The mathematical framework introduced for modeling timing of cell division can be easily used to compute noise in synchronized cells. For example, let the cell-cycle duration be an Erlang distribution with shape parameter n and rate parameter nk (i.e., pn = 1 in Fig 3), which can be biologically interpreted as cells moving through n cell-cycle stages Gn1, Gn2, …, Gnn. Statistical moments conditioned on the cell-cycle stage Gnj can be obtained using (50) Using Eq (50) and moments obtained from Eqs (16) and (35)(37), yields the following conditional mean (51) which increases with cell-cycle stage (i.e., higher values of j). The protein noise level given that cells are in stage Gnj is given by (52) Note that if n is large then the first term, which represents the noise contribution from the cell-cycle process, is negligible and can be dropped. Interesting, while the noise contribution from partitioning errors decreases with cell-cycle stage, the noise contribution from stochastic expression increases with j. Moreover, for B = 1 with probability 1 and α = 1, the intrinsic noise is always 1/Mean irrespective of j. Assuming high n, the noise at cell birth (j = 1) and division (j = n) are obtained as (53) (54) respectively. Thus, measurements of Eqs (53) and (54) by synchronizing cells (or by using cell size as a proxy for cell-cycle stage) can be used to quantify α and 〈B2〉/〈B〉, providing a novel way to separate these noise contributions. Next, we discuss how noise in asynchronous cell can be used to quantify these parameters.

Parameter inference in asynchronous cells

Simple models of bursty expression and decay predict the distribution of protein levels to be negative binomial (or gamma distributed in the continuous framework) [80, 81]. These distributions are characterized by two parameter—the burst arrival rate kx and the average burst size 〈B〉, which can be estimated from measured protein mean and noise levels. This method has been used for estimating kx and 〈B〉 across different genes in E. coli [47, 82]. Our detailed model that takes into account partitioning errors predicts (ignoring gene-duplication effects) (55) Using and a geometrically distributed B [50, 8385], Eq (55) reduces to (56) Given measurements of intrinsic noise and the mean protein level, 〈B〉 can be estimated from Eq (56) assuming α = 1 (i.e., binomial partitioning). Once 〈B〉 is known, kx is obtained from the mean protein level given by Eq (17). Since for many genes 〈B〉 ≈ 0.5–5 [47], the contribution of the first term in Eq (56) is significant, and ignoring it could lead to overestimation of 〈B〉. Overestimation would be even more severe if α happen to be much higher than 1, as would be the case for proteins that form aggregates or multimers [33]. One approach to estimate both 〈B〉 and α is to measure intrinsic noise changes in response to perturbing 〈B〉 by, for example, changing the mRNA translation rate through mutations in the ribosomal-binding sites (RBS). Consider a hypothetical scenario where the Fano Factor (intrinsic noise times the mean level) is 6. Let mutations in the RBS reduces by 50%, implying a 50% reduction in 〈B〉. If the Fano factor changes from 6 to 4 due to this mutation, then 〈B〉 = 3.6 and 〈α〉 = 3.25.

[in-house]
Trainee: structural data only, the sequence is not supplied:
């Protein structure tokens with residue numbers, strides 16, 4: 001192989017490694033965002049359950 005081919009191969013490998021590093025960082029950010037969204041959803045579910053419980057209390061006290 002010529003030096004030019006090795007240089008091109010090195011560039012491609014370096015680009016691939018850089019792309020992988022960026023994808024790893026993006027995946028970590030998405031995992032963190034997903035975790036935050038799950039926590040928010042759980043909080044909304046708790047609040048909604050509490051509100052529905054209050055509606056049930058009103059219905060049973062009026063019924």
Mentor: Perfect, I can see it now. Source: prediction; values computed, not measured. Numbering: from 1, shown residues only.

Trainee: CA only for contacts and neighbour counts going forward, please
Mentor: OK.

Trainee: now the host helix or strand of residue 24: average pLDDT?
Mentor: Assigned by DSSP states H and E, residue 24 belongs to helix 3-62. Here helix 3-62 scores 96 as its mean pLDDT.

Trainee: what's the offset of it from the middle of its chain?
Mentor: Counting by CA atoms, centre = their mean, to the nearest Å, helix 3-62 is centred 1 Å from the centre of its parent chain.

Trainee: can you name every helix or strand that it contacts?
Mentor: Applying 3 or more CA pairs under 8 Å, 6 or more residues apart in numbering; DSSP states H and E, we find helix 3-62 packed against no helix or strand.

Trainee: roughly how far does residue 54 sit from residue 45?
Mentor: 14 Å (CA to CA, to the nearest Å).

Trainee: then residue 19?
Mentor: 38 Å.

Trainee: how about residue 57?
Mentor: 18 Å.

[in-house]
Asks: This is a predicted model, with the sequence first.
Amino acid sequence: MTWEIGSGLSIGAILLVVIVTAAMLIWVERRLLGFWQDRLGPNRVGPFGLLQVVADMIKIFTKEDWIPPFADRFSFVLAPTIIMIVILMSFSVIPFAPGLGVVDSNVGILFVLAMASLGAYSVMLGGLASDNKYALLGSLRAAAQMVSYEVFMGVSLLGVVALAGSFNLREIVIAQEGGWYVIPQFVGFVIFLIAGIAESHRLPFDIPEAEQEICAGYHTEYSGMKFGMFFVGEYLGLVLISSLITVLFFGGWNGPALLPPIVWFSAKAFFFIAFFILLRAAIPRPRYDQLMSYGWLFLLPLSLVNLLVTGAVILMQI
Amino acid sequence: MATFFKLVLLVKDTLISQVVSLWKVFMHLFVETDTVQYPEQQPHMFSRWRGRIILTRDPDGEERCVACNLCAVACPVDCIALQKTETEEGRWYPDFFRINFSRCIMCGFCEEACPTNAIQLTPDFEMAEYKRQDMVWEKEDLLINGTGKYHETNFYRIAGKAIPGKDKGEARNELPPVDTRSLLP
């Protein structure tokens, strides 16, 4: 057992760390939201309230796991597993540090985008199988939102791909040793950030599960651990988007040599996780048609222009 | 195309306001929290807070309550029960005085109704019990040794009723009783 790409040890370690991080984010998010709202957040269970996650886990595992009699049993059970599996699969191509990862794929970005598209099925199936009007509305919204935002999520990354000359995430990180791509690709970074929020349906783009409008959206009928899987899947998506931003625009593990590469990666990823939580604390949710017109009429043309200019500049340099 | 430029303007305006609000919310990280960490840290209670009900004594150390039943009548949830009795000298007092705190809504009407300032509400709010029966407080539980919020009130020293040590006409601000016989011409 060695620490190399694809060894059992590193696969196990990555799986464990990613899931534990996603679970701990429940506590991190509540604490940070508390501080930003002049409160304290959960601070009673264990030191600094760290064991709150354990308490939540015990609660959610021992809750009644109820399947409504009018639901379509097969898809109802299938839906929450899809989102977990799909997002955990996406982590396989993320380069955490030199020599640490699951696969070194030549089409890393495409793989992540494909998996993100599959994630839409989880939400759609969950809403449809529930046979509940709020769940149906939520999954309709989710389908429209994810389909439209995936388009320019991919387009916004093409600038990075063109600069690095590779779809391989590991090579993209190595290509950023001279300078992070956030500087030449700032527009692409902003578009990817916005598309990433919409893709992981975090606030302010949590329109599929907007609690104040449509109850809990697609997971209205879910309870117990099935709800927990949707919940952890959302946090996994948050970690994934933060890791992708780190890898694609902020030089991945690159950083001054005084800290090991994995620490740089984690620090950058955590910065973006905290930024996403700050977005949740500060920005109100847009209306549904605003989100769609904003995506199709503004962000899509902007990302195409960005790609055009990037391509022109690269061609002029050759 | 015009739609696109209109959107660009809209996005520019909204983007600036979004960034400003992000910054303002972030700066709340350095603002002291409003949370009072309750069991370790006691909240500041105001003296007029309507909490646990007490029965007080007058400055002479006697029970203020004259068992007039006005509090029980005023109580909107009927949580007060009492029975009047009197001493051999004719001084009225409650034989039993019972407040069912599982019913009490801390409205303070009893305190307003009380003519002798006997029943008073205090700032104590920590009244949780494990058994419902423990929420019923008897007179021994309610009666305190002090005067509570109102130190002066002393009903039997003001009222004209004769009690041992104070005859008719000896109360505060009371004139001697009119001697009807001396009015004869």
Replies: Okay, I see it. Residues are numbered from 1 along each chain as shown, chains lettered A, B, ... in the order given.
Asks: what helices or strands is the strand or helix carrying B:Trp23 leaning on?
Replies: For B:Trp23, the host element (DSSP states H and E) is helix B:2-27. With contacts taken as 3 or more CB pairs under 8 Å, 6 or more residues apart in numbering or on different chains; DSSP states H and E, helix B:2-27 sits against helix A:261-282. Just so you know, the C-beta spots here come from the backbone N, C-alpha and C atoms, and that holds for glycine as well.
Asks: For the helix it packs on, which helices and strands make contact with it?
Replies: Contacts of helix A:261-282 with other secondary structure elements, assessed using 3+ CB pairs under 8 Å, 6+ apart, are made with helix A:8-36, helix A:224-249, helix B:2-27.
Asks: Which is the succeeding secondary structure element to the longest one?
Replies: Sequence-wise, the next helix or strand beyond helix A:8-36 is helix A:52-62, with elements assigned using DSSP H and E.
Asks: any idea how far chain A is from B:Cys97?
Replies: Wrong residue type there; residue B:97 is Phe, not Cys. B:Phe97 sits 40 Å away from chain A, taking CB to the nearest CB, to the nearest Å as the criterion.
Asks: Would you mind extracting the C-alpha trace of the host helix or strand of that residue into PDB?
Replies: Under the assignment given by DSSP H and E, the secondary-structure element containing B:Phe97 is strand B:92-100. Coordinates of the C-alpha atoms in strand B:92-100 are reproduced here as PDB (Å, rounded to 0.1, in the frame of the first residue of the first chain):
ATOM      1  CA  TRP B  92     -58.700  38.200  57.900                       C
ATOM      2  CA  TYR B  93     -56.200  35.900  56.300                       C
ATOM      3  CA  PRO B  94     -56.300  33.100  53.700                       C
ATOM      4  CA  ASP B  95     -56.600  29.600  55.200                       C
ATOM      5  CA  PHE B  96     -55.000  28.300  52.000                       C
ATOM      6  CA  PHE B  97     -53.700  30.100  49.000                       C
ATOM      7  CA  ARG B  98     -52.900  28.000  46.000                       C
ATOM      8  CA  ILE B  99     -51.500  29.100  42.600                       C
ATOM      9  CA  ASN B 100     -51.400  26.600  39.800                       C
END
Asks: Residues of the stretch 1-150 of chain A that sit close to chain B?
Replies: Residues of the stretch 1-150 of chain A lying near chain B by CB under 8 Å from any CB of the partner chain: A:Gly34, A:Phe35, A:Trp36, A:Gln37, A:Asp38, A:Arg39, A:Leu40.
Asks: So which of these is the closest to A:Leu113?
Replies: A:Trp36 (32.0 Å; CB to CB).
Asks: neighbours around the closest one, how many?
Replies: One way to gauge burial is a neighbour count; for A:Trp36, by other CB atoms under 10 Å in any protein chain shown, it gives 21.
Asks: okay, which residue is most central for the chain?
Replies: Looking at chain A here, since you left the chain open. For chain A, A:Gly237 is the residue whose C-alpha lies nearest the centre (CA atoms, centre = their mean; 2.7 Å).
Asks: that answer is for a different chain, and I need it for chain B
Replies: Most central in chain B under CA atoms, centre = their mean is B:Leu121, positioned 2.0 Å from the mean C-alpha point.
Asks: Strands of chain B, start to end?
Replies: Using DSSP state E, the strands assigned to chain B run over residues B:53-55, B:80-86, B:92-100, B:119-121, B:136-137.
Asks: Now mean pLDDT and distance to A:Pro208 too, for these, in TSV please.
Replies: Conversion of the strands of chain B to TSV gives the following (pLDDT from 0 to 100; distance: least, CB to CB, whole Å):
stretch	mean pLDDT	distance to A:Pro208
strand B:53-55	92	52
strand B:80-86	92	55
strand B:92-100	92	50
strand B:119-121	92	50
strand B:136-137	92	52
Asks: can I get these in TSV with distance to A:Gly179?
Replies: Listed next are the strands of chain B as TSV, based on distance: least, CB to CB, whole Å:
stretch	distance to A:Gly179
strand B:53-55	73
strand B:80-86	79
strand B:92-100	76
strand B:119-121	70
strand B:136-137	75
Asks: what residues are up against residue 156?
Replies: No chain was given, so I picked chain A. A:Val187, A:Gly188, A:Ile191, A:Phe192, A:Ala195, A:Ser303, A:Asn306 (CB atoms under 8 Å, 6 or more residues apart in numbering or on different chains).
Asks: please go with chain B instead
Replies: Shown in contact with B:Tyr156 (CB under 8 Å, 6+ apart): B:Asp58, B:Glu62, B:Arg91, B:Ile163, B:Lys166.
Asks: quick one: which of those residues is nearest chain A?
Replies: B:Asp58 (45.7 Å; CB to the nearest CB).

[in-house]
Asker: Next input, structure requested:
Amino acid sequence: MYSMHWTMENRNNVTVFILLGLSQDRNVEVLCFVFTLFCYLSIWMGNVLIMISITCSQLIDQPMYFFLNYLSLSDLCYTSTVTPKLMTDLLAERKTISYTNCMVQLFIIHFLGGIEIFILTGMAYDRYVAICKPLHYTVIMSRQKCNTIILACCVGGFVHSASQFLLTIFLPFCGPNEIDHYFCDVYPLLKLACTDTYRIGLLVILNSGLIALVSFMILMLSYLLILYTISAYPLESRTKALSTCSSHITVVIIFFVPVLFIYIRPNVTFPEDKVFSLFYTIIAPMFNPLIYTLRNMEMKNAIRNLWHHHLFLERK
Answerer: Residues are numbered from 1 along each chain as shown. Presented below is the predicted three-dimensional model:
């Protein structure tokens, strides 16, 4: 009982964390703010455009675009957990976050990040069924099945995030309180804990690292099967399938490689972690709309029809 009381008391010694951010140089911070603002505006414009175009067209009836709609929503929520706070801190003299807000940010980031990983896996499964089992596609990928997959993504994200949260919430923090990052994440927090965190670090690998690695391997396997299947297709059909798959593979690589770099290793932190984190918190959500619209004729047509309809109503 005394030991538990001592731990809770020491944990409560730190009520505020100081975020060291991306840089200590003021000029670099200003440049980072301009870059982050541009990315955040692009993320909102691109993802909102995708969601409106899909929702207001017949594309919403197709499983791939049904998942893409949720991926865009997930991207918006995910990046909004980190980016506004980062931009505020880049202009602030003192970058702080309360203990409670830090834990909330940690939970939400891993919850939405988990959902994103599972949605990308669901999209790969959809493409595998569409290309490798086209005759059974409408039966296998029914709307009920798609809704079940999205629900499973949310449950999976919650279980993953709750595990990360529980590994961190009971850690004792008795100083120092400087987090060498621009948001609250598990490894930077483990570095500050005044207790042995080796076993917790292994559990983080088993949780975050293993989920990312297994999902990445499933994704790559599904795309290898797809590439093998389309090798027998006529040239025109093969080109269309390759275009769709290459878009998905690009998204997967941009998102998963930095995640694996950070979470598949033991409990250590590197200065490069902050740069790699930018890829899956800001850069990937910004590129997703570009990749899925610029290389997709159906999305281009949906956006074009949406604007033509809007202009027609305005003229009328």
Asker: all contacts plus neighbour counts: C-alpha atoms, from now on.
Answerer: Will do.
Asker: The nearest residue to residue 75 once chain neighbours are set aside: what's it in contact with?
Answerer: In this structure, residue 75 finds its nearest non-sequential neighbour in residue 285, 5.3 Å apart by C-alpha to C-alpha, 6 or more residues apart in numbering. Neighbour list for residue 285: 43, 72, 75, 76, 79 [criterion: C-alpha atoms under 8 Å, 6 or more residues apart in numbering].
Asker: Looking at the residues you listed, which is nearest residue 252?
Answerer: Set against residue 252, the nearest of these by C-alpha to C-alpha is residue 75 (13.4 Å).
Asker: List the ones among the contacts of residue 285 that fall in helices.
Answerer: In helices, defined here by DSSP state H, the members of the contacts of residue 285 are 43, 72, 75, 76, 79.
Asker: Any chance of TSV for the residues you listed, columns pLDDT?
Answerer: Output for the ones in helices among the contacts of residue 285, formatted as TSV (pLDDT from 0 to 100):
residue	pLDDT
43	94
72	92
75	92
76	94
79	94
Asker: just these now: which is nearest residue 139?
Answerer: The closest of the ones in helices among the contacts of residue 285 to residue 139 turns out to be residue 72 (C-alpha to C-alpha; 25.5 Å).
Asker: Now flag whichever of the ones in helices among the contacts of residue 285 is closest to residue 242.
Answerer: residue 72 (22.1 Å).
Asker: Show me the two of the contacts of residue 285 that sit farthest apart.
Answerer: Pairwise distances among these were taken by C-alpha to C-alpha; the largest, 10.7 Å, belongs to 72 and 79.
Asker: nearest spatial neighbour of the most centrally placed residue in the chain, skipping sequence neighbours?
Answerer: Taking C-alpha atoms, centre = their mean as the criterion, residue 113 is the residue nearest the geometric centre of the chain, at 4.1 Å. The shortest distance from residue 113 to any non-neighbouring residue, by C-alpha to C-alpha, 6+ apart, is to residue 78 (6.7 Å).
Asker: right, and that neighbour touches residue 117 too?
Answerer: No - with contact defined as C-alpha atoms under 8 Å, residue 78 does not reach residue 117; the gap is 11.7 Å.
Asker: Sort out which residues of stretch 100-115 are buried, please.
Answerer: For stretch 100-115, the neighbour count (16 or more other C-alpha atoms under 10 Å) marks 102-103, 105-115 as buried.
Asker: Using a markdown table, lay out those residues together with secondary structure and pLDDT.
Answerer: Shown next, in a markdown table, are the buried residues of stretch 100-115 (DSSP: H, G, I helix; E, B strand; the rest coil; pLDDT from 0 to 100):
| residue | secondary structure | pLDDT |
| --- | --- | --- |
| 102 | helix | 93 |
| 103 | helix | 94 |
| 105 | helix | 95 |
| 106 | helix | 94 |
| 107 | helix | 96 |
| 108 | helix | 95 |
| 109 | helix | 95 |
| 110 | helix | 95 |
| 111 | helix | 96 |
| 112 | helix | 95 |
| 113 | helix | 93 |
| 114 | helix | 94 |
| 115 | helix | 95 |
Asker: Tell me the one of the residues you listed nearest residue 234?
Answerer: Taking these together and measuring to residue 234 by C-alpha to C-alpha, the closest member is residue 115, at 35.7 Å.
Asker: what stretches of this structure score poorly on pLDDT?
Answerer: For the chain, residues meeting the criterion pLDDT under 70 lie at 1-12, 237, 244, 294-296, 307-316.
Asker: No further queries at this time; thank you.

Our recent work has shown that higher-order statistics of protein levels (i.e., skewness and kurtosis) or transient changes in protein noise levels in response to blocking transcription provide additional information for discriminating between noise mechanisms [86, 87]. Up till now these studies have ignored noise sources in the cell-cycle process. It remains to be seen if such methods can be used for separating the noise contributions of partitioning errors and stochastic expression to reliably estimate 〈B〉 and α.

Integrating cell size and promoter switching

An important limitation of our modeling approach is that it does not take into account the size of growing cells. Recent experimental studies have provided important insights into the regulatory mechanisms controlling cell size [8891]. More specifically, studies in E. coli and yeast argue for an “adder” model, where cell-cycle timing is controlled so as to add a constant volume between cell birth and division [78, 9193]. Assuming exponential growth, this implies that the time taken to complete cell cycle is negatively correlated with cell size at birth. More importantly, cell size also affects gene expression—in mammalian cells transcription rates linearly increase with the cell size [94]. Thus, as cells become bigger they also produce more mRNAs to ensure gene product concentrations remains more or less constant. A main direction of future work would be to explicitly include cell size with size-dependent expression and timing of cell division determined by the adder model. This formulation will for the first time, allow simultaneous investigation of stochasticity in cell size, protein molecular count and concentration.

Our study ignores genetic promoter switching between active and inactive states, which has been shown to be a major source of noise in the expression of genes across organisms [95104]. Taking into account promote switching is particularly important for genome-duplication studies, where doubling the number of gene copies could lead to more efficient averaging of promoter fluctuations. Another direction of future work will be to incorporate this additional noise source into the modeling framework and investigate its contribution as a function of gene-duplication timing.

Supporting Information

S1 Text. Supplementary Material.

Additional proofs and simulations.


Author Contributions

  1. Conceived and designed the experiments: MS DA AS.
  2. Performed the experiments: MS CAVG.
  3. Analyzed the data: MS CAVG.
  4. Wrote the paper: MS AS.